Volkswagen Polo Review: 2011 Model | Polo | Car Buyers Guide

2011 Volkswagen Polo Review

This car indicates just how much the Irish Government needs to rethink the bands in its current emissions-based taxation. Band A covers cars that emit from 0-120g/km and Band B from 121-140g/km. As 2010's new car sales figures illustrated, cars with higher emissions than Band B are in the minority and they're a dying breed. Surely buyers of cars with emissions as low as the Polo BlueMotion's (at 91g/km) deserve to pay less road tax?


Efficiency is without doubt the primary reason that anyone will buy the latest green (or is that blue?) model from Volkswagen. The Polo has established itself as the highest-quality supermini on the market, and this one apparently uses just 3.5 litres per 100 kilometres (on that mythical combined test cycle). What's not to like?


Even before you get behind the wheel, it's obvious that there are few compromises to be made. The new Polo BlueMotion actually looks like a sporty version of the hatchback thanks to its lowered suspension, standard front fog lights and neat 15-inch alloy wheels. Factor in the BlueMotion-specific bumpers, roof spoiler and piano black radiator grille, and this is actually a great-looking car.


The interior is less of a treat. It retains the mostly tactile and well-built quality of the regular car's cabin, but the rough-to-the-touch BlueMotion upholstery and single-piece folding rear seat back detract from the ambience. Sensibly, Volkswagen has trimmed the simple steering wheel, gear knob and handbrake lever in leather so at least the bits you touch frequently are not unpleasant. And, as ever, the switchgear is comparable with that in its big brother, the Golf.


Look around the cabin and you're more likely to notice what's missing than what is included, but it does feature cruise control, electric front windows and an on-board computer, along with ESP (Electronic Stability Programme). The money has been spent on fuel-saving items instead, including a very keen stop-start system and the latest generation of low-rolling-resistance tyres.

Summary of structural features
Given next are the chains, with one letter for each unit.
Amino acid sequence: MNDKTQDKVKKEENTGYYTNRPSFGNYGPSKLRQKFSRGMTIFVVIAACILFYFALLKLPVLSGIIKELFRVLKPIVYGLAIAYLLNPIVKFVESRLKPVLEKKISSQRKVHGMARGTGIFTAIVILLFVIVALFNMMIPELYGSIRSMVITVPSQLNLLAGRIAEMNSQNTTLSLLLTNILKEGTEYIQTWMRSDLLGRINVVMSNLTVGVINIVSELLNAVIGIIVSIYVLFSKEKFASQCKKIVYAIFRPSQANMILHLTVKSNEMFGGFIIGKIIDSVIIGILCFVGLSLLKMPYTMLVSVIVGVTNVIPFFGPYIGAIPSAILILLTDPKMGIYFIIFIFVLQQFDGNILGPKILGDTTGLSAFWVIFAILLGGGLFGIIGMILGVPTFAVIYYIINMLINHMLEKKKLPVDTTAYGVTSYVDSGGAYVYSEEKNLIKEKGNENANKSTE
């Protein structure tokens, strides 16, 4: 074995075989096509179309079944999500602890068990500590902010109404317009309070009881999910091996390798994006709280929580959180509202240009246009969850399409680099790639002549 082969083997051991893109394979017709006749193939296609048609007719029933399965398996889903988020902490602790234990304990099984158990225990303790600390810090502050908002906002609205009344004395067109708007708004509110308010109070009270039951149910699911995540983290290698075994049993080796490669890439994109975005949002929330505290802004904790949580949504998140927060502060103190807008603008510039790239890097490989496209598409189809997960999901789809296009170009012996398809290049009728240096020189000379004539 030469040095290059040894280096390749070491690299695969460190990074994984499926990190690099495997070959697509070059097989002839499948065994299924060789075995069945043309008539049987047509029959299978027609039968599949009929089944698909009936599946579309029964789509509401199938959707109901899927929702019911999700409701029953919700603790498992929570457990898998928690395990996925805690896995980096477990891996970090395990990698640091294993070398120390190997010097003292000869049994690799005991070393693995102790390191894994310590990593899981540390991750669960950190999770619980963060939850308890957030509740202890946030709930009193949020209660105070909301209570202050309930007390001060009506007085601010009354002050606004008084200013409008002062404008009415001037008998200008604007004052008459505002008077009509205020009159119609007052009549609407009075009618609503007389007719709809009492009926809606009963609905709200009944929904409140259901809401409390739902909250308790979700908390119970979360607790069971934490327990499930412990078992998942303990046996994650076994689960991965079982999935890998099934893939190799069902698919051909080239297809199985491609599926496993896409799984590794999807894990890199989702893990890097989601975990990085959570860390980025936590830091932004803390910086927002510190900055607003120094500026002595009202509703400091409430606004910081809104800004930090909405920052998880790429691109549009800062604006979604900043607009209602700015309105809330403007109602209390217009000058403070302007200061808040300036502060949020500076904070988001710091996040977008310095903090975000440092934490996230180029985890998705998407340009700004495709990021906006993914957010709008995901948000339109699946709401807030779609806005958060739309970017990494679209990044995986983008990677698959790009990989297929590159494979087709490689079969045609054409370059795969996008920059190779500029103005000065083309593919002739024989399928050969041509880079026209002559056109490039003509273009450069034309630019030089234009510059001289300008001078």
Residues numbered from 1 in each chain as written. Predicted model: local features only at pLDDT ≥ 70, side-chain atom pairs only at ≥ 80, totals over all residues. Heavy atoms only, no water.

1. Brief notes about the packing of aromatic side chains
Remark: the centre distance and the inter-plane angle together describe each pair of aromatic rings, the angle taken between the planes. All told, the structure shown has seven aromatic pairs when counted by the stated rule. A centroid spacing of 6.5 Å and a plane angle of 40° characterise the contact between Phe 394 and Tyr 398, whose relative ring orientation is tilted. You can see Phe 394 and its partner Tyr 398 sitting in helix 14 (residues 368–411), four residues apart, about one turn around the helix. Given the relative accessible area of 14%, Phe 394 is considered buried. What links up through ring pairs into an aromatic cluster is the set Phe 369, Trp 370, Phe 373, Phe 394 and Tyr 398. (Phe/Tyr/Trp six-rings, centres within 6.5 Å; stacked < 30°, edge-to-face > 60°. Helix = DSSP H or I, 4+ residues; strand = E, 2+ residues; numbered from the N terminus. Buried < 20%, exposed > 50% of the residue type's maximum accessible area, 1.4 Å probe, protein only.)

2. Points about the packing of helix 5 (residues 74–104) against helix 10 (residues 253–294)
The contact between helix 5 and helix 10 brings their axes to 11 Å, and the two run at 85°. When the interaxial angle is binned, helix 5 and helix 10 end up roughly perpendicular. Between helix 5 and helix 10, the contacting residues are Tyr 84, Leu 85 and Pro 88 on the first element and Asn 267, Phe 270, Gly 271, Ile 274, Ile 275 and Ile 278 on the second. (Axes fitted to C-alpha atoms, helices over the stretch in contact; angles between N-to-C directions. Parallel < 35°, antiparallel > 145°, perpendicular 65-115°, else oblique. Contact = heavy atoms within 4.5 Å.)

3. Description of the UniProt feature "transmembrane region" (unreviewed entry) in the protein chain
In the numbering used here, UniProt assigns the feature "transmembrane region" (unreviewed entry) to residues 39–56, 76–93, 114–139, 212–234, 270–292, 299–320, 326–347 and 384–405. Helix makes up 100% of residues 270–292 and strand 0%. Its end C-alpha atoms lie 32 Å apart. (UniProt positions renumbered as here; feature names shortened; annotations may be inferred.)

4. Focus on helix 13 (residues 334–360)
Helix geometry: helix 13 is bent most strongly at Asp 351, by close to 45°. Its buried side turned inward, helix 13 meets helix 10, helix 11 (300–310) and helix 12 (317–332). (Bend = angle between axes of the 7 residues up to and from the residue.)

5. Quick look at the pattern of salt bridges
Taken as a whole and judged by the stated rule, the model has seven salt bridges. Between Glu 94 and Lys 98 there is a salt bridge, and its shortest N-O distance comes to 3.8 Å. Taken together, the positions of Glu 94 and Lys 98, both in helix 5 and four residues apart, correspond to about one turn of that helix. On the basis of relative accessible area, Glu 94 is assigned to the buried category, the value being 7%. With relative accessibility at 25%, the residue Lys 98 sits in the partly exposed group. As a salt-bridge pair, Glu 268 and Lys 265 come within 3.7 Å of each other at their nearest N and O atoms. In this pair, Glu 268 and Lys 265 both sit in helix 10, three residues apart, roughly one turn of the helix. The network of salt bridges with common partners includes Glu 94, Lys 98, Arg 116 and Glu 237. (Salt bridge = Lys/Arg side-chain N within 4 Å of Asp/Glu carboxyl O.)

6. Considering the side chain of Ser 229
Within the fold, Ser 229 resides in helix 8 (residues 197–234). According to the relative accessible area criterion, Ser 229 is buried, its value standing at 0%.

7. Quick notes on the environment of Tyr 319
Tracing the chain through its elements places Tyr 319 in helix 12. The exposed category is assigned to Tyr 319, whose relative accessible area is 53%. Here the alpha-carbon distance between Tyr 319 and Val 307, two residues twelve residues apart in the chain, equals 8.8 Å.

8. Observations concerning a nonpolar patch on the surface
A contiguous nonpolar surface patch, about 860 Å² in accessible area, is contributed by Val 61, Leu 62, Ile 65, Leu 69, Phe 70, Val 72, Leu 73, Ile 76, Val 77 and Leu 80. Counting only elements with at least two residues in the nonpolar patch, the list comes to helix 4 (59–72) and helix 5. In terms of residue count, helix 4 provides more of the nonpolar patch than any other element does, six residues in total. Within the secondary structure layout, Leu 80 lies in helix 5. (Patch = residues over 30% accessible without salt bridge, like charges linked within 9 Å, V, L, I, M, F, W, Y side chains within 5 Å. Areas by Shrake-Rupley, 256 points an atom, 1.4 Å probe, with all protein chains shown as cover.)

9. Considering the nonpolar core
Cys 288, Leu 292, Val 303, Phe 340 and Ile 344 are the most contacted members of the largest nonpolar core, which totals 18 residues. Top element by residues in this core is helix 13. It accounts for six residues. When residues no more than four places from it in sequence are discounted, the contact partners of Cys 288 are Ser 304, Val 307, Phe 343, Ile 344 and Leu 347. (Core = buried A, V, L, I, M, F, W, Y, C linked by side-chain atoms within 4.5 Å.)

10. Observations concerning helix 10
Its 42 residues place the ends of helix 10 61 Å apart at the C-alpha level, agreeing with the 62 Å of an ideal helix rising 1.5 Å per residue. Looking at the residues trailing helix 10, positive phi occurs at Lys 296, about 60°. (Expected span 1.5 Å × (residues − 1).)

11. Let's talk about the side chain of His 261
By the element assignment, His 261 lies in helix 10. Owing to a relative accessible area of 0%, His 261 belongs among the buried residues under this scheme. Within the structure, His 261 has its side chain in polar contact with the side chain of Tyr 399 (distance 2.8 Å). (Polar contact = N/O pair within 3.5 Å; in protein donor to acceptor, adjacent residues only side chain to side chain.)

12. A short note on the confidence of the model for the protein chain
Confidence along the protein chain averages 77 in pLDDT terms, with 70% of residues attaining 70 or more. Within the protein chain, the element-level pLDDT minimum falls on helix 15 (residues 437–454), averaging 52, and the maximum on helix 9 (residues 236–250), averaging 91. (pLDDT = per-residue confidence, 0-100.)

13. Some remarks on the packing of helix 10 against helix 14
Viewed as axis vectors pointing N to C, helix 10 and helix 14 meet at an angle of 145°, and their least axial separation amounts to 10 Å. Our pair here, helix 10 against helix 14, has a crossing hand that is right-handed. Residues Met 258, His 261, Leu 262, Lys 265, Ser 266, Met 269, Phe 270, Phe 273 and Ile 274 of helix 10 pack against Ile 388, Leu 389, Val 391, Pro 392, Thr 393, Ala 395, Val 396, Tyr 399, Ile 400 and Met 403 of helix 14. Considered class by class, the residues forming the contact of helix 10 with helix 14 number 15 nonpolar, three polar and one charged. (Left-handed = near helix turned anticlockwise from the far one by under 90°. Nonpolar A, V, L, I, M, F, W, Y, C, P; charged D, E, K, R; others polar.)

Obviously, what's under the bonnet has a large influence over the economy. As before, this Polo is powered by a three-cylinder turbodiesel, though now it's of 1.2-litre capacity. Power is modest, at 75hp. However, the torque figure is all that matters here, as the car's five-speed gearbox features distinctly high ratios – designed in a bid to keep the engine revs down. While it takes a little getting used to, it's easy to keep up with traffic in most situations. We found that you have to really push it if you're in a hurry, but surprisingly the economy didn't suffer too badly.


Some people like the offbeat thrum of a three-cylinder engine (me included), but we reckon most buyers will find it odd. Volkswagen has managed to isolate the engine vibration and noise from occupants better than in the previous model, but it's still obvious. You'll be thankful for that stop-start system in traffic.


As with any Polo, the BlueMotion version is a cinch to drive. It slips in and out of traffic easily and its light steering is a boon for parking. The suspension, though lowered in the name of less wind resistance, is distinctly comfortable. It's adept at soaking up badly broken urban lumps and bumps and yet it feels comfortable and stable on the motorway. Although this isn't a car for keen drivers, it does cling on gamely – despite the low-rolling-resistance tyres – and corners quite flatly.


All-in-all, the Polo BlueMotion doesn't ask too much from its owner in return for exceptional economy. The biggest stumbling block is its price. While it looks good value next to the likes of the Toyota Prius and Honda Insight, those are both significantly bigger. Ford has a 1.4-litre turbodiesel Fiesta on its price list for a lot less cash, but more pertinent is that Volkswagen's own Polo family includes versions that are powered by the same 1.2-litre engine as the BlueMotion, yet cost as much as €2,000 less.


We've said many times before that small diesel-powered cars only make financial sense if you plan on winding on the kilometres at an unusual rate. This is especially true of the Polo BlueMotion. It's an impressively efficient car that manages to be conventional in almost every way, yet there is precious little reason for the average Irish buyer to pay extra for it. Until the Government decides we should be thinking greener again, the Polo BlueMotion is too far ahead of its time.




Volkswagen Polo BlueMotion



1,199cc turbocharged 3-cyl


Output @ rpm

75hp@4,200, 180Nm@2,000



5-speed manual FWD



0-100km/h 13.9 seconds


Top Speed




3.5 litres/100km


CO2 Emissions



CO2 Tax Band

A (€104 p.a.)





Boot Capacity

280 – 952l


Base Price



Price as Tested



On Sale




Incredible economy, great looks, high quality



Price, engine a little too loud






Login to leave a comment

Login with Facebook Login with Twitter